|Reviews for Through A Glass|
| Anon chapter 1 . 2/21/2014
Baffling and touching.
| IHeartSam chapter 1 . 7/6/2011
I liked that you allowed Faramir feelings of impatience...a bit different
| Darkover chapter 1 . 12/29/2010
Dear Altariel: This was a most interesting story. I cannot agree with Faramir's conclusion-namely, that Eowyn deserted her people-but I can understand how he reached that conclusion, if that sentence makes any sense. IMHO, Eowyn did not desert her people, because she was fighting to defend them. Yes, I know that King Theoden left her in charge, and that she was to rule the Rohirrim if neither he nor Eomer returned alive. But when Theoden left her in charge, she was either in charge or she was not, and if she was, then she had the right to rule as she saw fit. She saw fit to defend her people by defending them in battle, and moreover, she fought in such a way as to deserve praise, not blame. Of course, we fans know she was not exactly thinking of her people at that point-she was seeking an honorable way to commit suicide, and maybe take some of the enemy with her while she did so-but as far as I'm concerned, that does not change the outcome. In wartime, we do not analyze the motives of every soldier who fights, particularly when they win. The fact that they did their duty honorably is enough, and it should be. Also, Eowyn took out both the Witch-King and the fell beast he rode upon, defending her King as she did so, so that should definitely count for something-especially when she was the only Rider of the Mark who did not abandon the King at that moment! She is a heroine, IMHO, although I can understand why she did not feel that way at the time, considering her own tumultuous emotions after everything she had been through. You did your usual excellent job of characterization in this story, in your portrayals of both Eowyn and Faramir. I can't picture Faramir chewing on his thumbnail in front of someone else, particularly when the latter is a pretty young woman, as nail-chewing is not attractive, but that is my only objection. Like Eowyn, Faramir at this point has been through a lot and he too is a mass of conflicting emotions. Like Eowyn, he believes he somehow has failed. IMHO, he, like Eowyn, is mistaken in this belief. He has done his duty and then some, just as she did. But Faramir understands Eowyn's feelings, more than anyone else at this point could, and he tells her; "It doesn't matter," because he believes that the world is going to end in a few days anyway. At least, that is what I got out of this story. You always manage to express a lot of emotion and thought-provoking material in your writing, even when it is a comparatively brief tale as this one. I hope I have not tried your patience in droning on like this. Thanks for writing and posting this story! Sincerely, Darkover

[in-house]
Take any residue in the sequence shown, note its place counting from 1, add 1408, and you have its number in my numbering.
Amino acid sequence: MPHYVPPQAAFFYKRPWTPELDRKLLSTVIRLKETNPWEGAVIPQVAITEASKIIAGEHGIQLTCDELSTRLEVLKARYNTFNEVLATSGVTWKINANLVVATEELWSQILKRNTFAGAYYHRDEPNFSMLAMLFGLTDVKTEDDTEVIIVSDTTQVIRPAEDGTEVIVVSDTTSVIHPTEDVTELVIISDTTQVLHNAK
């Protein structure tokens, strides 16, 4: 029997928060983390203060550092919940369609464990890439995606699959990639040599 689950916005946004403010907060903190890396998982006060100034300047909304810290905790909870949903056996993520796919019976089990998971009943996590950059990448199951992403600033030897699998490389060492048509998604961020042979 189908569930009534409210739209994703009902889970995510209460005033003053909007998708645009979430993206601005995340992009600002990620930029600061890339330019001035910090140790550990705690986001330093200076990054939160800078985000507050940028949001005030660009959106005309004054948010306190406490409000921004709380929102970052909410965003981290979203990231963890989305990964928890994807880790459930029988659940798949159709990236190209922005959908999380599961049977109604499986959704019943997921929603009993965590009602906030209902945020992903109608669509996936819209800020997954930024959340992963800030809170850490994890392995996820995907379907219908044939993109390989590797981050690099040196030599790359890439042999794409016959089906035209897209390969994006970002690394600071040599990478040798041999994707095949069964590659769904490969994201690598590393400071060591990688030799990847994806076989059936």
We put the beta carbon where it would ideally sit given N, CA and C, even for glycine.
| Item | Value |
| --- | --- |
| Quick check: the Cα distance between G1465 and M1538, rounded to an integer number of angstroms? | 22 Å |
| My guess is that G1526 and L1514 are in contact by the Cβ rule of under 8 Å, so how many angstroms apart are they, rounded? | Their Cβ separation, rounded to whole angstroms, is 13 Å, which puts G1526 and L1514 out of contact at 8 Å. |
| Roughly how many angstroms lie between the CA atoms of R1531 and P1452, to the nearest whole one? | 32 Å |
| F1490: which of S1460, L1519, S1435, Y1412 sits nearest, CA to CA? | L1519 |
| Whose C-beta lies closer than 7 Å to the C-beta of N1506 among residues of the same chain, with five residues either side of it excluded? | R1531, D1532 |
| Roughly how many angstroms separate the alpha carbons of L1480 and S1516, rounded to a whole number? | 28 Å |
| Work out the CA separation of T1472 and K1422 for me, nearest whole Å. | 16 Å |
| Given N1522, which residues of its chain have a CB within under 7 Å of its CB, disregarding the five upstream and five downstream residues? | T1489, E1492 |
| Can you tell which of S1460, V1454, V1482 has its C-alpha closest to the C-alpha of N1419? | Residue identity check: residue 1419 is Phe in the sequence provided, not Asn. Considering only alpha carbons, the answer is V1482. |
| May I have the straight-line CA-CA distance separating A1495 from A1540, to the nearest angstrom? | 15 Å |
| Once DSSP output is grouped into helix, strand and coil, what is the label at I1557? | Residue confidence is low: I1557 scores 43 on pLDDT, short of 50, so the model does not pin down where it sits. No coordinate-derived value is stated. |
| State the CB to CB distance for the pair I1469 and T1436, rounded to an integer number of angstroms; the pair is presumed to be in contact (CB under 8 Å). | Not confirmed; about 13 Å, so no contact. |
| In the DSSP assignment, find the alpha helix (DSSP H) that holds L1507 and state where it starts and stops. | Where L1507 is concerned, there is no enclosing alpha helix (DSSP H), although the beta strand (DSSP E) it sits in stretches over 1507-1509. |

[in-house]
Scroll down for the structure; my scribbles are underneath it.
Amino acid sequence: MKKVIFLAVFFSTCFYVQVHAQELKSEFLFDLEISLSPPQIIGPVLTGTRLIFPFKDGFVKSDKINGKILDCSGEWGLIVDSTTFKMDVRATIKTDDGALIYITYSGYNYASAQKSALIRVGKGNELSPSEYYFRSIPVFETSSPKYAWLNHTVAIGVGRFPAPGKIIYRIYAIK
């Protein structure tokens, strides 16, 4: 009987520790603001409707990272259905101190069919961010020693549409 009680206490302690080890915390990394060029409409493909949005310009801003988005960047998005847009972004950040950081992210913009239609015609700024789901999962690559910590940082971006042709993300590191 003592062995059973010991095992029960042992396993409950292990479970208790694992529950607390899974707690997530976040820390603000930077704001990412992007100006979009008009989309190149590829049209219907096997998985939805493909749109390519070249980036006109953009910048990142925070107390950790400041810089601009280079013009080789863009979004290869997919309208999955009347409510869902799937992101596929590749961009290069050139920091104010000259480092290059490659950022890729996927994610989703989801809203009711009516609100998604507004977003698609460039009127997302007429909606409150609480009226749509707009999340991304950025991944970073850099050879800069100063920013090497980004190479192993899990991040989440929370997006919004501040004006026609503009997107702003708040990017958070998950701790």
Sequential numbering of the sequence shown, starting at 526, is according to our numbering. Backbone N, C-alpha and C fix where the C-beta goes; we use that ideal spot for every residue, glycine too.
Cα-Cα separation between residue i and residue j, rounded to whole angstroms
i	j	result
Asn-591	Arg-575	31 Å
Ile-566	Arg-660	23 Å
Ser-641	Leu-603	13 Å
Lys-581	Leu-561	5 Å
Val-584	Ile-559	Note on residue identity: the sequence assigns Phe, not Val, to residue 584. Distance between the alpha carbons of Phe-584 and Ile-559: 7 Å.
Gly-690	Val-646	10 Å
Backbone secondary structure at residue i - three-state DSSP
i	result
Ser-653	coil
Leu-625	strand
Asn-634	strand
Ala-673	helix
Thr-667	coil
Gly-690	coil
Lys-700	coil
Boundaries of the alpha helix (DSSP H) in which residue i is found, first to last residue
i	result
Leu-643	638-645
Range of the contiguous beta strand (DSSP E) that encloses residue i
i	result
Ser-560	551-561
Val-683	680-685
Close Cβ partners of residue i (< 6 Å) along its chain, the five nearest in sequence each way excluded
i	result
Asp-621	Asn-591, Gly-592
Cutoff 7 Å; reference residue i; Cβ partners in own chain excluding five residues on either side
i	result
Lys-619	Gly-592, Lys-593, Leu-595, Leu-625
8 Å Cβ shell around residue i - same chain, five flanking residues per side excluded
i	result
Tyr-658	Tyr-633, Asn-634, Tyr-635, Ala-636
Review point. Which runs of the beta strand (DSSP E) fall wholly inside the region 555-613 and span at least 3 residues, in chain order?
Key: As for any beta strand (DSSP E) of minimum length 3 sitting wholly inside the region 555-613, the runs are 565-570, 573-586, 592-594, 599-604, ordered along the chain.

| Taryn Streambattle chapter 1 . 7/26/2010
"Or had pressed his hand against a piece of broken glass"
| Syntyche chapter 1 . 2/16/2010
Another excellent bit. Thank you for posting these moments between Faramir and Eowyn.
| Emily chapter 1 . 1/27/2010
Unusual answer to the question. As a matter of fact, you didn't really answer it. You said, "It doesn't matter."
And I suppose, in reality and at the end of all things, it really doesn't. : )
I like this: It is six days since he became Steward, three days since the host went east, the world will end sometime next week, and this morning he has company.
It strikes me as funny for some reason. Probably the off-handed doomsday prophecy. "Oh, the world will end some time next week. But I don't know when, and I don't particularly care. It's enough that it'll be next week." : )
| duj chapter 1 . 6/2/2009
I believe the switch to first-person at the end is probably deliberate, but I found it a bit jarring.
I suppose the "kind of man that can think gladly of the death of his father" is not infrequently someone whose father could think gladly of his son's.
| eyes of sky chapter 1 . 11/3/2006
I never realised the true symmetry between them until now, in the film they always seemed slightly mismatched, with Faramir as second-best. Now I can truly appreciate that they are two halves of a whole.
| Kimberly chapter 1 . 9/17/2005
Wow, that was good. So well written.
| shallowness chapter 1 . 12/15/2004
This was beautifully done. Loved the well rounded portrayal of Faramir and how much was shown and how much more implied about his state, mental and emotional. Sparse but right use of imagery, the relationship with himself, with Denethor and Eowyn delicately handled.
| Playing Passerine chapter 1 . 3/11/2004
*is silent at the end* and your taste for the dramatic is why we love you.
| Grav chapter 1 . 2/13/2004
I know, I know. But I think it did matter. If Eowyn had not come, Merry would have either, and then who would have faced the Witch King?
Philosophy aside, this was brilliantly written. Your Faramir POV is (as always) amazing, and his subject even more so. I really, really love how you get right into their heads when Tolkien didn't have enough time to and tell us what was going on.
| Gaeriel chapter 1 . 1/27/2004
Very masterfully done. There's an urgency and restlessness your writing that comes across very clearly. A bit off topic here, but I was listening to Bruce Springsteen's "Thunder Road" while reading this, and I couldn't help but notice the corresponding emotions in both pieces. Faramir seems so... weary. Anyway, I just wanted to share that with someone, and I thought, 'Heck, why not the author?' So there you go. Hope you've got more coming from wherever you got this.
| Aurora West chapter 1 . 1/20/2004
Pretty story. I like the mirror idea.
| A. Meril chapter 1 . 11/2/2003
That's about the limit of my vocab now.
Very nicely done. Faramir's feelings about Eowyn are wonderfully portrayed.